The Guatemalan Civil War And Its Impact On Indigenous Communities

Sreya Chadalavada

Rich with culture and history, Guatemala is a beautiful country located in Central America. It is home to rainforests, volcanoes, and high mountain ranges and is the most populous country in the region. Guatemala can be distinguished from its neighboring countries by the large indigenous population inhabiting the rural highlands. Although Guatemala has lots to offer, the country’s history of authoritarian rule and military regimes has made the political and economic recovery process exceedingly difficult. The country is consistently ranked lowest in education and highest in poverty compared to other Central American countries. This is likely partially because Guatemala has a large indigenous population that has been historically disadvantaged and often deprived of the educational opportunities available to nonindigenous populations.

Guatemala endured a 36 year long civil war fought from 1960 to 1996 between the Guatemalan government and leftist rebel groups. It was fueled by disputes over land, racial discrimination, and political exclusion. Because the insurgency was largely supported by indigenous peoples and Ladino peasants, the Mayan population was extensively attacked through “the burning of villages, massacres and assassinations of leaders, in order to ensure that collective action became impossible.” The widespread killings of Mayans is considered to be a genocide as an estimated 140,000 to 200,000 people were killed or forcefully “disappeared” during the conflict. In 1996, the war came to an end after the Peace Accords were signed by the government and guerrillas. An estimated 1 million people were left displaced and over 450 Maya villages were destroyed. The widespread human rights violations against indigenous peoples disrupted growth and development for 36 years. Communities are still suffering, as they are still disproportionately affected by extreme poverty and marginalization. In addition to ending the war, the Peace Accords acknowledged racism in education perpetuated by the poor treatment of indigenous students, unequal access to schools, and discriminatory representation of indigenous culture in school curriculums. It laid out a multi-step plan towards achieving education equality by increasing schooling in indigenous and rural areas and decentralizing the education system. While changes were made, including the reintroduction of bilingual instruction, several demands from the Peace Accords remain unfulfilled. The promotion of bilingual education was huge for indigenous students because prior to the signing of the Peace Accords, Spanish was the official, and only, language of instruction in schools. This rule was instituted in 1965 through the Education Law which established Spanish as the country’s official language.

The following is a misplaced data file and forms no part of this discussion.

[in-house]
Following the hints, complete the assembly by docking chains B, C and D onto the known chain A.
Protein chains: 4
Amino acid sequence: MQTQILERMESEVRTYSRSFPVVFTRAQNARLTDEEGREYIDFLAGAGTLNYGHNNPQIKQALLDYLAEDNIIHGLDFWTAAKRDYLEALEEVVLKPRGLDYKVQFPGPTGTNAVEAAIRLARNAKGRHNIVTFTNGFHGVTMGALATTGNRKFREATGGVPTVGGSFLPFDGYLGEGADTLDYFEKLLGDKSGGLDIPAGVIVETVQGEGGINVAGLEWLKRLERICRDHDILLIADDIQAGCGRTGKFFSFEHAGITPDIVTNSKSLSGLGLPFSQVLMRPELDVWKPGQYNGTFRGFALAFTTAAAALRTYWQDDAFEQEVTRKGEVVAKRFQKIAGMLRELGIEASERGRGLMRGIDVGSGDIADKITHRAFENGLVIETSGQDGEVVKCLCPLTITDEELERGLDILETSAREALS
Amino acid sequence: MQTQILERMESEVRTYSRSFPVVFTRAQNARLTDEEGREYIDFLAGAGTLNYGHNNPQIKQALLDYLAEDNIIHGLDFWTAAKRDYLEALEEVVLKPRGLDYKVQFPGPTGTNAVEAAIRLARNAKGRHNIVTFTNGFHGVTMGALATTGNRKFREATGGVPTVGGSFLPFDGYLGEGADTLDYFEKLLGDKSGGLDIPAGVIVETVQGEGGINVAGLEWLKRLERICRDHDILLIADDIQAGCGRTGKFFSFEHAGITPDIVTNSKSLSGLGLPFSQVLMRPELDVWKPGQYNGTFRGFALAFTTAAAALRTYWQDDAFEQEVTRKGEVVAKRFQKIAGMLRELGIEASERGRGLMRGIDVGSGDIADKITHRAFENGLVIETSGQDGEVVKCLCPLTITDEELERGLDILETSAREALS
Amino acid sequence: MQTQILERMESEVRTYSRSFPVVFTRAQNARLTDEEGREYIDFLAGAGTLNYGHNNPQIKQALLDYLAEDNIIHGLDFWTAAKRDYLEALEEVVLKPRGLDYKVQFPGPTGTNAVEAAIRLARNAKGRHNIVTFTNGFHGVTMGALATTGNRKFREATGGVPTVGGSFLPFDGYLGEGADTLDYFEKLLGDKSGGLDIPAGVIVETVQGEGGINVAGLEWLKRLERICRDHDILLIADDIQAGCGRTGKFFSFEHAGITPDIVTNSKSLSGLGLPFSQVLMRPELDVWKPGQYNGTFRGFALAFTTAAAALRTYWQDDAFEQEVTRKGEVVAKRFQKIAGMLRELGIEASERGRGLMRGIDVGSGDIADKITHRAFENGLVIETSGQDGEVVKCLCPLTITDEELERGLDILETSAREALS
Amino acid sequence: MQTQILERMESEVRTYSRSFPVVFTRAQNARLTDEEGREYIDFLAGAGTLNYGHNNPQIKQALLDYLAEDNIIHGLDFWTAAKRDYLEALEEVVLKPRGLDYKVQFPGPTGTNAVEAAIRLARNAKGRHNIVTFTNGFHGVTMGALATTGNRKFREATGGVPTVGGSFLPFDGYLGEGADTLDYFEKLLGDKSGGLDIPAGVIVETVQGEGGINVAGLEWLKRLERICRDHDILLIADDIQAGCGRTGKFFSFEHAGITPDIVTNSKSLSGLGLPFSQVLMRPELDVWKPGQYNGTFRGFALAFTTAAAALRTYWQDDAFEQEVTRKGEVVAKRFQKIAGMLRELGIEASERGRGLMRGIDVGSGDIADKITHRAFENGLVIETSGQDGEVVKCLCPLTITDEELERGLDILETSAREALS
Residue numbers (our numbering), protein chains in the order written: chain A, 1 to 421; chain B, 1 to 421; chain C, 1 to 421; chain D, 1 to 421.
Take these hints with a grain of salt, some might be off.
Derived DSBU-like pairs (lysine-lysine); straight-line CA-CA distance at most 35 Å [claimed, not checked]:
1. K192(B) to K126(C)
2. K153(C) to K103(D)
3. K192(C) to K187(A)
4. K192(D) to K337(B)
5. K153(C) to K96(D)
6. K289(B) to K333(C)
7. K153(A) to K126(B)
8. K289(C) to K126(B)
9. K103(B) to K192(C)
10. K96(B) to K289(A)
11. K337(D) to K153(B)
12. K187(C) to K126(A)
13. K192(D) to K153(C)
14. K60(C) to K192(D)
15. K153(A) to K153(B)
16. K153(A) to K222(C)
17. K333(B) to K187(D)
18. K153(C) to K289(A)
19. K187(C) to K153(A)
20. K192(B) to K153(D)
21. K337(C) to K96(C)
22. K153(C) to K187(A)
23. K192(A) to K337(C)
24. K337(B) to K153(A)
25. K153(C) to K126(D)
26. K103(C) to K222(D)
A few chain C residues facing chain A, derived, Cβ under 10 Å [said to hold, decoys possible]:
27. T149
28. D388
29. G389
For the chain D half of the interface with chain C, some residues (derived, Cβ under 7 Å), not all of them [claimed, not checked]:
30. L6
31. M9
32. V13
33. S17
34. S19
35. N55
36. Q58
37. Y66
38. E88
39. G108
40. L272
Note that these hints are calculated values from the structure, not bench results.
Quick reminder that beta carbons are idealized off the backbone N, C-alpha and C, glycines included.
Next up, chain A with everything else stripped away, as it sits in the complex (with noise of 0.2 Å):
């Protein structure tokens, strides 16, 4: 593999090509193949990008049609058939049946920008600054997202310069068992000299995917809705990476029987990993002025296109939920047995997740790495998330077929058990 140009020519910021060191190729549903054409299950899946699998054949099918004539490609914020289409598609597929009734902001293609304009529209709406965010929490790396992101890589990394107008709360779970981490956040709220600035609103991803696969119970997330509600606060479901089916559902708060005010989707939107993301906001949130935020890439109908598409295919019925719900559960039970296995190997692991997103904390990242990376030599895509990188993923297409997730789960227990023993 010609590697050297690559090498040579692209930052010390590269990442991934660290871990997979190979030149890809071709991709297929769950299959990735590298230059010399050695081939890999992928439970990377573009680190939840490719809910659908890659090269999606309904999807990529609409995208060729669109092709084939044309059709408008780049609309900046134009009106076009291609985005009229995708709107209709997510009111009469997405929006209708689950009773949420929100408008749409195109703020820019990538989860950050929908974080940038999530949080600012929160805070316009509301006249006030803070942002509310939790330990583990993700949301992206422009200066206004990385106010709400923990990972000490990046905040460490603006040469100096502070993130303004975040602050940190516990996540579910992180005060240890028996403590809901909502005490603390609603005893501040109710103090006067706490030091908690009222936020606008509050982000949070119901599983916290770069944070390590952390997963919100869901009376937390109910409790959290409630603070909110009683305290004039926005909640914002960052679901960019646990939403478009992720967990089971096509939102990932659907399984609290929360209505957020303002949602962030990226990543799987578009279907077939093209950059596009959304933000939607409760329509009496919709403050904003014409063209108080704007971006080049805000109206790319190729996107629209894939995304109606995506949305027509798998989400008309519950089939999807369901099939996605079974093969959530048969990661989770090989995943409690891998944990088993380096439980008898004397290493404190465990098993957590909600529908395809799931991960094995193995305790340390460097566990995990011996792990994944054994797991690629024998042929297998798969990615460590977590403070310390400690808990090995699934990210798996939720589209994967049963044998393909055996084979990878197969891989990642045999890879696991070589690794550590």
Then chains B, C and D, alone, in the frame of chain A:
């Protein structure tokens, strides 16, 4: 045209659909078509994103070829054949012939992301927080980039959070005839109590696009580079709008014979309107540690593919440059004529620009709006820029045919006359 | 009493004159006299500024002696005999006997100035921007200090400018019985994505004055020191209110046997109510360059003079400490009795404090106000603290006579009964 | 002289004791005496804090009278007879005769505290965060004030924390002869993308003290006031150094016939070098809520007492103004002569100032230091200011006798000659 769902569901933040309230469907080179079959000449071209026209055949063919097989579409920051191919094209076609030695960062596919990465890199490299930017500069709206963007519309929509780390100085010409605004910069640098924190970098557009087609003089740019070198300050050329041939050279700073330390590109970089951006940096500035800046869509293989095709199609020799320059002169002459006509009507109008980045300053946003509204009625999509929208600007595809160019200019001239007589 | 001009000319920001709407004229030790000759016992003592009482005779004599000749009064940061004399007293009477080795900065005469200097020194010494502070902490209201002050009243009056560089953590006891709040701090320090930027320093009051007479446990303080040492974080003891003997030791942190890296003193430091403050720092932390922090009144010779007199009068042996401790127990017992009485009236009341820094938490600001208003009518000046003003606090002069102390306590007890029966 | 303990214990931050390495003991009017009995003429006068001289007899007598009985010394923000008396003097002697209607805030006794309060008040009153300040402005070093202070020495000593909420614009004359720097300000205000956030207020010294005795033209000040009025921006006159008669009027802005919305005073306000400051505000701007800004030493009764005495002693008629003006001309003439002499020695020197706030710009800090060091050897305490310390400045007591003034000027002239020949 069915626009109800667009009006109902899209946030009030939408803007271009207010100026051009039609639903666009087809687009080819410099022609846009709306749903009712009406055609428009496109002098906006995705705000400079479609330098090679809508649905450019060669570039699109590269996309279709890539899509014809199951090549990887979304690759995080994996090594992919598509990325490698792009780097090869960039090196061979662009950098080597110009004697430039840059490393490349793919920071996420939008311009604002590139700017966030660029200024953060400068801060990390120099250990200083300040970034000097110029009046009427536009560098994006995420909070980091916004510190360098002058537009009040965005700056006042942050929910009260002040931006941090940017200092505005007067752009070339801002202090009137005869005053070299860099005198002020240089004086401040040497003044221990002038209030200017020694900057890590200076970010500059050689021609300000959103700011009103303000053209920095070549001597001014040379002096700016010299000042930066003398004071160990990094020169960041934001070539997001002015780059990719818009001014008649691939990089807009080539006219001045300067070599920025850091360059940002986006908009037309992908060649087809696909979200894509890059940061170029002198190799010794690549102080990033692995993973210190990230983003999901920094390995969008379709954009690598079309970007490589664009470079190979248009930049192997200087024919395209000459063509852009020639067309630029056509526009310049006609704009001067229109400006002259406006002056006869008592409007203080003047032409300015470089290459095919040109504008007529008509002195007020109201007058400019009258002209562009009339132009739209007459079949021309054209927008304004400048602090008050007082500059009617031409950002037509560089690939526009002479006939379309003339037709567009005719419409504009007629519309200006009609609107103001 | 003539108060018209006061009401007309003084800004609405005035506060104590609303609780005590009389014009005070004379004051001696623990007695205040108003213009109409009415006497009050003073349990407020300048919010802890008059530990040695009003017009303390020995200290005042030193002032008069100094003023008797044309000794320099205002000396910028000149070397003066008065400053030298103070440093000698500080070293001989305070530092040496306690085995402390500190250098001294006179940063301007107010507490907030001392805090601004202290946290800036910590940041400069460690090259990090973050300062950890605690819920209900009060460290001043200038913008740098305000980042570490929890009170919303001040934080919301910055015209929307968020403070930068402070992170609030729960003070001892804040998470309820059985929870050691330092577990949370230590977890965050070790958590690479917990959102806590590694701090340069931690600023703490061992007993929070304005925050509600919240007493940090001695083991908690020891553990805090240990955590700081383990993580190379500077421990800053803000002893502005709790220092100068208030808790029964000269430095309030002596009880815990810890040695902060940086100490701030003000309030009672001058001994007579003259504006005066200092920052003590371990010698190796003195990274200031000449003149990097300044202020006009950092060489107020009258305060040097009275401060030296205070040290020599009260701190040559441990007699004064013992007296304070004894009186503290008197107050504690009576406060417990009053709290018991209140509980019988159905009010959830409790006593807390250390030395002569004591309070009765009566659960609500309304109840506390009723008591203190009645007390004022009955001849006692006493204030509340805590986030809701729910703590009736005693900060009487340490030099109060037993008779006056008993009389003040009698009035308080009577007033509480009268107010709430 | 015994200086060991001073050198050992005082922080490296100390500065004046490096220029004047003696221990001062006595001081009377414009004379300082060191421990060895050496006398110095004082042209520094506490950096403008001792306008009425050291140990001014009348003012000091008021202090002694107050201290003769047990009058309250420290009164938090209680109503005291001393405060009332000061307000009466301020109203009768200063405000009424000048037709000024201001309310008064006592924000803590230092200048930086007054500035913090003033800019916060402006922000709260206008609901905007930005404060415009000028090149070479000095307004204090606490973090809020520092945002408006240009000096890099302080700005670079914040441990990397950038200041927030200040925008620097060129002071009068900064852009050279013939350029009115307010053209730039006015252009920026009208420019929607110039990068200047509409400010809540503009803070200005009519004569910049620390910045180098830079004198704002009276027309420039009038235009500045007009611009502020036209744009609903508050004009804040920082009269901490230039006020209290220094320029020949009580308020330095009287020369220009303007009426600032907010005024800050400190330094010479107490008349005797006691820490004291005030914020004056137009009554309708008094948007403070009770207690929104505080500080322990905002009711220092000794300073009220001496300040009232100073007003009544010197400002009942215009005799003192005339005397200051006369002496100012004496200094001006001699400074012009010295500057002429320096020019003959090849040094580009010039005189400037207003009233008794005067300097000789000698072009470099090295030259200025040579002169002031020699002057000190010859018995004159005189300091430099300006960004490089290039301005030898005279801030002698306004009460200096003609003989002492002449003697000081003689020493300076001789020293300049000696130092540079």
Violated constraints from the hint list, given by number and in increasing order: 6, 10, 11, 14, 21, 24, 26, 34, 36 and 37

Although Guatemala has made great strides in improving literacy and decreasing poverty rates, they still remain among the lowest in the region. According to the World Bank, 59.3% of the population lives below the poverty line, and 23% lives in extreme poverty. Examining indigenous populations specifically, 79% live below the poverty line and 40% live in extreme poverty. According to ENCOVI data, the average adult has approximately 4.28 years of schooling, even though primary education in Guatemala is both free and compulsory. In order to make substantial improvements we need to have a better understanding of the relationship that exists between education and poverty in Guatemala, as well as other social and economic factors that impact them.

Image Source:

Wikimedia Commons "Exhumation in the ixil triangle in Guatemala":

Research Sources:

1. “Guatemala: Violence and Inequality Still Blocking Solutions for IDPs.” IDMC, (2009): 1-11.

2. Bellino, Michelle J. "So that we do not fall again: History education and citizenship in “postwar” Guatemala." Comparative Education Review 60, no. 1 (2016): 58-79.